Video traps to monitor Javanese rhinos in West Java’s Ujung Kulon National Park are helping conservation groups protect one of the country’s most threatened animals.
The 30 motion-triggered infrared video traps were installed by World Wildlife Fund Indonesia and park officials in January.
The rare species is only found in Ujung Kulon, and the population, currently hovering on the brink of extinction, is limited to just a few dozen due to hunting and shrinking habitat.
Footage from the cameras has shed new light on rhino behaviors such as eating, mating and wallowing.
WWF rhino monitoring officer Adji Santoso said observers “are able to see how they react when encountering other animals, such as wild boars, and how they are able to share the same mud hole with the boars.”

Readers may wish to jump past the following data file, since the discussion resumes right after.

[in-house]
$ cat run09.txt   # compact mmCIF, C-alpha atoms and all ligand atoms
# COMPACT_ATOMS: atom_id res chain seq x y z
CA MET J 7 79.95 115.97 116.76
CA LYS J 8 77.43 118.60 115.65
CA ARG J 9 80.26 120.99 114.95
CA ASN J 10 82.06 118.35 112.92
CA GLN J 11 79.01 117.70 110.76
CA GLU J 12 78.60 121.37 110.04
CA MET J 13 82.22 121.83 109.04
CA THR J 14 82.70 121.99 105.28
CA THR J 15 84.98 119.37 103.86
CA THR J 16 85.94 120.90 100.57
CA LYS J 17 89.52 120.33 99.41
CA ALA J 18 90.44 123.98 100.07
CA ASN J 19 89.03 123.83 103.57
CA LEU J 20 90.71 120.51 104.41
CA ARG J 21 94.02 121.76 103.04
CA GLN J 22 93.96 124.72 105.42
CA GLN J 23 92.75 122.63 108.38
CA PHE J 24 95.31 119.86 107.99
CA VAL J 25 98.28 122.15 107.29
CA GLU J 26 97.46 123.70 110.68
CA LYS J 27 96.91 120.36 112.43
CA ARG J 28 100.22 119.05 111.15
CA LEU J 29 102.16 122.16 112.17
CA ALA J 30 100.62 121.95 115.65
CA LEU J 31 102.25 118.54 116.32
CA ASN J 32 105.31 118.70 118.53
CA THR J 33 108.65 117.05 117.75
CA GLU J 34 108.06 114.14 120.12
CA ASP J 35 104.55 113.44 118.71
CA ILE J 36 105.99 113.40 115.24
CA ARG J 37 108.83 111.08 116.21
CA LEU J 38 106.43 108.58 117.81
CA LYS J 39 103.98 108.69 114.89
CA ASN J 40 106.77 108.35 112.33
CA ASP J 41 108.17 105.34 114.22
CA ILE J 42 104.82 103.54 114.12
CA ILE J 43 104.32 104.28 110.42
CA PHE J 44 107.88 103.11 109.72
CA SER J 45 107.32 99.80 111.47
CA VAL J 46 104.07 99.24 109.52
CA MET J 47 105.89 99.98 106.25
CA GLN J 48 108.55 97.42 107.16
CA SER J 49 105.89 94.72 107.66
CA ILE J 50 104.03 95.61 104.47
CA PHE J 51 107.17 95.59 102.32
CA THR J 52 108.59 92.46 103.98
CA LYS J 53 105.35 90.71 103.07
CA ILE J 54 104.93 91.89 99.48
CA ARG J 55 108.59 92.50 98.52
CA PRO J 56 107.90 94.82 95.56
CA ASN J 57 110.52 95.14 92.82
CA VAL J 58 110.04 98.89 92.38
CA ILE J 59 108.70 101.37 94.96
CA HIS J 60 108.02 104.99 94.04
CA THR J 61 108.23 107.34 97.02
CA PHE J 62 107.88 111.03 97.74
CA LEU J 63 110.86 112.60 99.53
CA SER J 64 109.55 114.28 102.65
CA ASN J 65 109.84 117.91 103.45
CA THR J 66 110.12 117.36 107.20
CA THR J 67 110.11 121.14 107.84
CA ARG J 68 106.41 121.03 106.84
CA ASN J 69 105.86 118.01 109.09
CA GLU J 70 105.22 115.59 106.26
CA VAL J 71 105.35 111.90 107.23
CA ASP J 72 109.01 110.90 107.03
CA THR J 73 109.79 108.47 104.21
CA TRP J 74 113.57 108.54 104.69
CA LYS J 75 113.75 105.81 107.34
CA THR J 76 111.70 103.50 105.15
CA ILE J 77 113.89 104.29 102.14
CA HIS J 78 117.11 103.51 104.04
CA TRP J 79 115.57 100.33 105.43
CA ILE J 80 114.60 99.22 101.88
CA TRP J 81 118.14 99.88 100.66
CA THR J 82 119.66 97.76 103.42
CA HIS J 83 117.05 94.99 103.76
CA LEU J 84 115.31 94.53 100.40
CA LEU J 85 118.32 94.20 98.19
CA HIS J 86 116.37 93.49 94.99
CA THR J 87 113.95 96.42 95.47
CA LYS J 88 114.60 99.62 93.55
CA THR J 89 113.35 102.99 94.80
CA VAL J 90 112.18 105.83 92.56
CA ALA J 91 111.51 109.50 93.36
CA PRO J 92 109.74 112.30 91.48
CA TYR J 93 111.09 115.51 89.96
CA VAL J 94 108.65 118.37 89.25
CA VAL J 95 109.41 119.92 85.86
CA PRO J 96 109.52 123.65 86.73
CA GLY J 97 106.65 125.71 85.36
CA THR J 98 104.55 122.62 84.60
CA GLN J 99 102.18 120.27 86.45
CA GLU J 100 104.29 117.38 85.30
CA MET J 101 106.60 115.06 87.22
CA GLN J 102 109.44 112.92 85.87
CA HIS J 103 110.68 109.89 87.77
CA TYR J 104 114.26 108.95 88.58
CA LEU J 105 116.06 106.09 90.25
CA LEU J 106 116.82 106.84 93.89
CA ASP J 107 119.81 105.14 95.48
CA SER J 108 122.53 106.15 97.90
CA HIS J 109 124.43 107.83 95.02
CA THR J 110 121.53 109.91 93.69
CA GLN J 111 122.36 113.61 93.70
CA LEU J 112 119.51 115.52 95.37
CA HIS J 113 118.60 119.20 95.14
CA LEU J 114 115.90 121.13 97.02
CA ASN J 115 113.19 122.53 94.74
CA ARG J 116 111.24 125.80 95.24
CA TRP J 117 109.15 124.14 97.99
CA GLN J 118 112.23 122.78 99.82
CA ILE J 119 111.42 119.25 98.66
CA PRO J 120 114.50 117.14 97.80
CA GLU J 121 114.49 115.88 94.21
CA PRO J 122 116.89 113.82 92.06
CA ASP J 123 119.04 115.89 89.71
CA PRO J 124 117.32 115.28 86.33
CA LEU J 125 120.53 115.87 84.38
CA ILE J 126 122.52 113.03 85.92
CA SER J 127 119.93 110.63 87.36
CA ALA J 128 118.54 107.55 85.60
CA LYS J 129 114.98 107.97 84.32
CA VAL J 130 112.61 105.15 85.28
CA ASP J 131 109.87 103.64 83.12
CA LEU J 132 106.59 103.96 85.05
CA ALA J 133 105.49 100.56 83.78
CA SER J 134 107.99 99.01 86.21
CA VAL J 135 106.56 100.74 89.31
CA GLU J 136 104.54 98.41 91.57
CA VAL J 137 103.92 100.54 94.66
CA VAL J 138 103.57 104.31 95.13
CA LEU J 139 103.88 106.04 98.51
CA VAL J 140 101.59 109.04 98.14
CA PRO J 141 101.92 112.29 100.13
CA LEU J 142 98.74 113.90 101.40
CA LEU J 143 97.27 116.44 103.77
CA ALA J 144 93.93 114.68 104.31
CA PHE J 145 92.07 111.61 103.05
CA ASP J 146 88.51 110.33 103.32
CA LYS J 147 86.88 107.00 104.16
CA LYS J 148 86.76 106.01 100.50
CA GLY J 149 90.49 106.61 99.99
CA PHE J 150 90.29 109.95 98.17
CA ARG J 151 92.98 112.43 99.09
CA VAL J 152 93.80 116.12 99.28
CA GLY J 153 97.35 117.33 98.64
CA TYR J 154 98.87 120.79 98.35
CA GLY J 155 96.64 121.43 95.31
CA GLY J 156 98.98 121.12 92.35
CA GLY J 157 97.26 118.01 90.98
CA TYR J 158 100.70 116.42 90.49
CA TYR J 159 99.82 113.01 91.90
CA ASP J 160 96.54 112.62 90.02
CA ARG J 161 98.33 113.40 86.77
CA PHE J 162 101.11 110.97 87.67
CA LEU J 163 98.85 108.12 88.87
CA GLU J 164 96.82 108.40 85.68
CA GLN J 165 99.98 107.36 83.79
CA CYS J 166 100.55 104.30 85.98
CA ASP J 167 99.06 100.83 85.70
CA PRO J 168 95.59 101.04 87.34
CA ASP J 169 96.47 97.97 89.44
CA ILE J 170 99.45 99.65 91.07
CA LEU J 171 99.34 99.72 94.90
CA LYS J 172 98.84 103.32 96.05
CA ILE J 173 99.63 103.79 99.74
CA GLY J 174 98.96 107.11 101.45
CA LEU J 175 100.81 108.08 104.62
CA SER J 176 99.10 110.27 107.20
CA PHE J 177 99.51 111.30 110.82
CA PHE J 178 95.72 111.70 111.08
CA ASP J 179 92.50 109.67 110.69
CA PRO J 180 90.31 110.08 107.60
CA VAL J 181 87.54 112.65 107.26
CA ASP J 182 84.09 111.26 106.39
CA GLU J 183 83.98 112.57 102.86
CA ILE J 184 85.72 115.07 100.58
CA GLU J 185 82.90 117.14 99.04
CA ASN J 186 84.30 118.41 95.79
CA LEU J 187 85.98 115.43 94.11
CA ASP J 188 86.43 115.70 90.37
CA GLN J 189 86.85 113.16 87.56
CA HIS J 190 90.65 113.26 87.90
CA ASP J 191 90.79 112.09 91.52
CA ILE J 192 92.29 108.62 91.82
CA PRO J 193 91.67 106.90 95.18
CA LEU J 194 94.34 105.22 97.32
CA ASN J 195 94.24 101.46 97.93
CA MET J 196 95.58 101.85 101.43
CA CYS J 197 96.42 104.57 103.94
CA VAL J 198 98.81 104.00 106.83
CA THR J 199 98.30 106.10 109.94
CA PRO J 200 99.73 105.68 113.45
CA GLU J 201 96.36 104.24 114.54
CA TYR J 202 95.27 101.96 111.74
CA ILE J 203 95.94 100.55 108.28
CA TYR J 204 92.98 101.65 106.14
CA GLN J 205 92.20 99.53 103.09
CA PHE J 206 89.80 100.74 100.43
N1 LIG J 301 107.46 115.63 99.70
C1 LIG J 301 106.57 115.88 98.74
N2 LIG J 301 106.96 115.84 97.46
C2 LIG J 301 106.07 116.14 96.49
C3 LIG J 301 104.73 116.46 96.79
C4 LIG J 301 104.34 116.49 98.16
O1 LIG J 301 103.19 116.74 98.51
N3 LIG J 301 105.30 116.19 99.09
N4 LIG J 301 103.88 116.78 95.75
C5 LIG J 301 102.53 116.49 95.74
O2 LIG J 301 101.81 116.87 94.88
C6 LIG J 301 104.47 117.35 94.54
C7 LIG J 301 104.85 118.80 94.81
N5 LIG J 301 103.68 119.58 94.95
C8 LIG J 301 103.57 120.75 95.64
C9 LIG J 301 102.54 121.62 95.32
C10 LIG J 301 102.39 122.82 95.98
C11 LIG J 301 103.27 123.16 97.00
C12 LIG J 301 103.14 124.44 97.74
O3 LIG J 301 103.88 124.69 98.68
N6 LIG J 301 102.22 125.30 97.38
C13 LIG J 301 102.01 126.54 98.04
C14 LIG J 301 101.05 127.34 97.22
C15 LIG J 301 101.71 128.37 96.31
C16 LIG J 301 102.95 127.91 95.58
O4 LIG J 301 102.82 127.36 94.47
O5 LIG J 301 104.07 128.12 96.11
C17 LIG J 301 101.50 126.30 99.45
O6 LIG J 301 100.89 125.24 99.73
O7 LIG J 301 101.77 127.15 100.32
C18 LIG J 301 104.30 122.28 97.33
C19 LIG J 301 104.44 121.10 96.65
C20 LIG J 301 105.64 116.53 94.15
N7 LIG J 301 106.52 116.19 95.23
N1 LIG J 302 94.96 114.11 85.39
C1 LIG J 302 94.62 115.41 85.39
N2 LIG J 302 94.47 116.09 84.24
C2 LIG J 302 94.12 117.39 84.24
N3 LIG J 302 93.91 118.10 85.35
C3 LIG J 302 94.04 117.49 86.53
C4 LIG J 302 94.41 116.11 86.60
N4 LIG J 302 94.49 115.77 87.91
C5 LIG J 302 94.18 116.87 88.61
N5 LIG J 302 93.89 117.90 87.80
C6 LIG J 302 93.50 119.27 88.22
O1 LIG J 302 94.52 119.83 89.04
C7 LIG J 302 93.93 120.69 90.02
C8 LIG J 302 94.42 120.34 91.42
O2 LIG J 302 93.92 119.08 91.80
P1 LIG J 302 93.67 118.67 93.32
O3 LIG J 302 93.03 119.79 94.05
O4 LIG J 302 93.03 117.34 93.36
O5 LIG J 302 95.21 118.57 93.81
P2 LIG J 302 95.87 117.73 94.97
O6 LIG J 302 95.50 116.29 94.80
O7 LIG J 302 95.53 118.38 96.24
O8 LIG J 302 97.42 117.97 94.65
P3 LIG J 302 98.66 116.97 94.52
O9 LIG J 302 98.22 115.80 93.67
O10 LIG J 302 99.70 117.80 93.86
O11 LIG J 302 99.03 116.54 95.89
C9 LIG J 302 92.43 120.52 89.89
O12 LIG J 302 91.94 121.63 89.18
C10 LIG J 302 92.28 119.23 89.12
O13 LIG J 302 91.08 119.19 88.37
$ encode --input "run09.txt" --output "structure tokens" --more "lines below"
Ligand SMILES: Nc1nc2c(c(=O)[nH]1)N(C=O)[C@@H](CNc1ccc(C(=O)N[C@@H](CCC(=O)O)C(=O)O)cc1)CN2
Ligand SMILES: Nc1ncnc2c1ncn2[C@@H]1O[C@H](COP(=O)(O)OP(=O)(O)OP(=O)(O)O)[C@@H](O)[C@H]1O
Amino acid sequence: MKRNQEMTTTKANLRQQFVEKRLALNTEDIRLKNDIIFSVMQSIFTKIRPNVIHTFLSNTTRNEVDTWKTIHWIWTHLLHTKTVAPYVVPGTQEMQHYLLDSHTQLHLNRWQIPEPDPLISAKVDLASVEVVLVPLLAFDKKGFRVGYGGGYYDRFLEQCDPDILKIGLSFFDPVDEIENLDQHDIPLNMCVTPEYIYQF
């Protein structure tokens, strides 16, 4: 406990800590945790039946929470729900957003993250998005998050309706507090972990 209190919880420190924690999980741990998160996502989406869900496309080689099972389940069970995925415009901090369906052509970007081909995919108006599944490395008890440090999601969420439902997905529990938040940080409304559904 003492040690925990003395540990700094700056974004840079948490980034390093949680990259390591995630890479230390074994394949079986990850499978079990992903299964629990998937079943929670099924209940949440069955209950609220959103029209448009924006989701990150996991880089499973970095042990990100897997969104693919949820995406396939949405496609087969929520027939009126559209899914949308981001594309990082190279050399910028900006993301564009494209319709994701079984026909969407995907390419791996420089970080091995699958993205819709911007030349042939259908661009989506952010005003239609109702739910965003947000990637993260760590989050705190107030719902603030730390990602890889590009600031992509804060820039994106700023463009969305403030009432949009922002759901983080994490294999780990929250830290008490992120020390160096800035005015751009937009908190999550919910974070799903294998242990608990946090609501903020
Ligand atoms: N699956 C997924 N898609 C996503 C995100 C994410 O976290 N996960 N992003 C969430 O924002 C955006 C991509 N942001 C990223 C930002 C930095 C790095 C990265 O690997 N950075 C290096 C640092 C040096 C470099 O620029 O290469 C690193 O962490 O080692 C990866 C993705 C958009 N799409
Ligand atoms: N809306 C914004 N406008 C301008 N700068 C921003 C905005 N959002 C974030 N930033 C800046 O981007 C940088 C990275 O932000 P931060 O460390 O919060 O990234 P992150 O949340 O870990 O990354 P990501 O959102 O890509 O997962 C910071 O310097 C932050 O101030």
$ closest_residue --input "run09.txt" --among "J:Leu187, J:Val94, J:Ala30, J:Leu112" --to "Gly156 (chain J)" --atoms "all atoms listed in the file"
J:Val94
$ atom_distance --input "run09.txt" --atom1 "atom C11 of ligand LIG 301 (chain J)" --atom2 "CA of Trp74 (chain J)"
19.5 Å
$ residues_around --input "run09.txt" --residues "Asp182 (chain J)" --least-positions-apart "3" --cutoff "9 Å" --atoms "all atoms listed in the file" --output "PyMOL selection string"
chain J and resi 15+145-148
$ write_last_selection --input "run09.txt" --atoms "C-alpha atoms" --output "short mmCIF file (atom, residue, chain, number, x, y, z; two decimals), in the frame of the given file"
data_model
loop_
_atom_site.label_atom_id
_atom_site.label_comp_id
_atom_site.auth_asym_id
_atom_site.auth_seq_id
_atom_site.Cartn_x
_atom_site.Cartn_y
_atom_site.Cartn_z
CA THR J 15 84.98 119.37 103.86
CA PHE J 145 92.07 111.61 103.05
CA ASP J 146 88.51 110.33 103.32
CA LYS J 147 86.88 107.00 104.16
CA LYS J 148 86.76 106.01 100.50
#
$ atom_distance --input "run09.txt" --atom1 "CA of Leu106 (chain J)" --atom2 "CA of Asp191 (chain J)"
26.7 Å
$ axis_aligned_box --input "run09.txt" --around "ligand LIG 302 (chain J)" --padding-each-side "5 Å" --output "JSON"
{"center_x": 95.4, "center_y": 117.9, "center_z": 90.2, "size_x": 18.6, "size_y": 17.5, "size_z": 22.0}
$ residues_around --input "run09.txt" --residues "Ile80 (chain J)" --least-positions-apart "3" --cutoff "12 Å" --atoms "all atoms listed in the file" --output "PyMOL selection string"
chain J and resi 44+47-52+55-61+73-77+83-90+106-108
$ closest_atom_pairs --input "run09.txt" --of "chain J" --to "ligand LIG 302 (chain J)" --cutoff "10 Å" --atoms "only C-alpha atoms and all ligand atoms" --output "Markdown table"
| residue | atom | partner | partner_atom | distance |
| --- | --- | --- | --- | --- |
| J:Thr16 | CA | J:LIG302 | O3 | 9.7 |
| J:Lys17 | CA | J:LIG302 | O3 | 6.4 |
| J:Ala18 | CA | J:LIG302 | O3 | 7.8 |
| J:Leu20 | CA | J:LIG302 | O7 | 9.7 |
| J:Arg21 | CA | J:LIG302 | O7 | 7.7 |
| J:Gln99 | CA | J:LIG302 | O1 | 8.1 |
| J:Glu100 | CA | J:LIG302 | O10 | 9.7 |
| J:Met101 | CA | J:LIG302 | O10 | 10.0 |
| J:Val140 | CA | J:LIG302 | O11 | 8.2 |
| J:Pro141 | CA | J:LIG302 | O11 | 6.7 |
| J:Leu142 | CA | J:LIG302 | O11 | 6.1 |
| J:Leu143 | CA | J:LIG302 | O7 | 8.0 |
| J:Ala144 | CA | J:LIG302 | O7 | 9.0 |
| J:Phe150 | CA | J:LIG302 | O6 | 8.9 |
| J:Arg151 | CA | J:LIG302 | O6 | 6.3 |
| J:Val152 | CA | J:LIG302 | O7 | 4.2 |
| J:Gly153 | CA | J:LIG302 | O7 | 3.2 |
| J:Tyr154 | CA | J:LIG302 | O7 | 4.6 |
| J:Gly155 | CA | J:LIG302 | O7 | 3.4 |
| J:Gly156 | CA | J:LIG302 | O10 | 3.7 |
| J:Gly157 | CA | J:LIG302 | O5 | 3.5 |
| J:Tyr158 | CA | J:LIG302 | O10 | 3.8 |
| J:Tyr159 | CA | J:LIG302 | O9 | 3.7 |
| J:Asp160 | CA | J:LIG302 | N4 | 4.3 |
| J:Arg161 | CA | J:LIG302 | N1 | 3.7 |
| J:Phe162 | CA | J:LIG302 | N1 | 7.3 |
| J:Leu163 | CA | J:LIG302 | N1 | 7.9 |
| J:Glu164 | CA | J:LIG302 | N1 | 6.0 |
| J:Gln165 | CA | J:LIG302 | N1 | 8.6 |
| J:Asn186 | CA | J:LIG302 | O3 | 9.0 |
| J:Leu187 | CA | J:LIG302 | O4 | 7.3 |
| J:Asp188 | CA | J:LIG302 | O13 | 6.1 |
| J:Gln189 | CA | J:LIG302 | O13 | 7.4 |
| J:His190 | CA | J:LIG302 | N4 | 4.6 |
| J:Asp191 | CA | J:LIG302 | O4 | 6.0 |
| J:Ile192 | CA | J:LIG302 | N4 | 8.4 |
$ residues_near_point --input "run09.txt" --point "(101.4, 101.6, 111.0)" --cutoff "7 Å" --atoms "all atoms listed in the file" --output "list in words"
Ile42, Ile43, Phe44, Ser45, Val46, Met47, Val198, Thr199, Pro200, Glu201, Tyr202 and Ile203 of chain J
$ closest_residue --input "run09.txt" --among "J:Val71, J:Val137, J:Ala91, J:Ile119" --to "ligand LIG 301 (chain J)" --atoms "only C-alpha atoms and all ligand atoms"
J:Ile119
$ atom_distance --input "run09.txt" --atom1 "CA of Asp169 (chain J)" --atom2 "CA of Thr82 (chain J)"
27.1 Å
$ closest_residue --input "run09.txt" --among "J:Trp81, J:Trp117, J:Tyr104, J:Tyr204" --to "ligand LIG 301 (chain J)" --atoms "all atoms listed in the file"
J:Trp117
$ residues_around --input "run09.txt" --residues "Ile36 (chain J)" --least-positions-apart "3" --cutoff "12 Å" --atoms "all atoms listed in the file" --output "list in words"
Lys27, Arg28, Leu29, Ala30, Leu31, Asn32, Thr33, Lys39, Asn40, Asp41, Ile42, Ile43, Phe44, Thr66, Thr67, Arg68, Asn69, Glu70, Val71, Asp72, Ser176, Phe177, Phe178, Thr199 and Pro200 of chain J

Since they were installed, the video cameras have recorded four pairs of mother and calf.
“This is a highlight for the WWF because it shows the population is reproducing, though not as fast as we hoped,” said Adhi Rahmat Hariyadi, project leader of WWF Indonesia at the park. “But, at least they are breeding.”
WWF Indonesia hopes to distribute the rhino population to areas outside of the Ujung Kulon to safeguard the species, which is currently limited to the park.
“We have no backup location, which is not healthy from the perspective of conservation,” Adhi said. “If they are only based in Ujung Kulon, potential disasters and epidemics may wipe out the entire population.”
Researchers say data about the species’ behavioral patterns would help the WWF relocate some of the animals.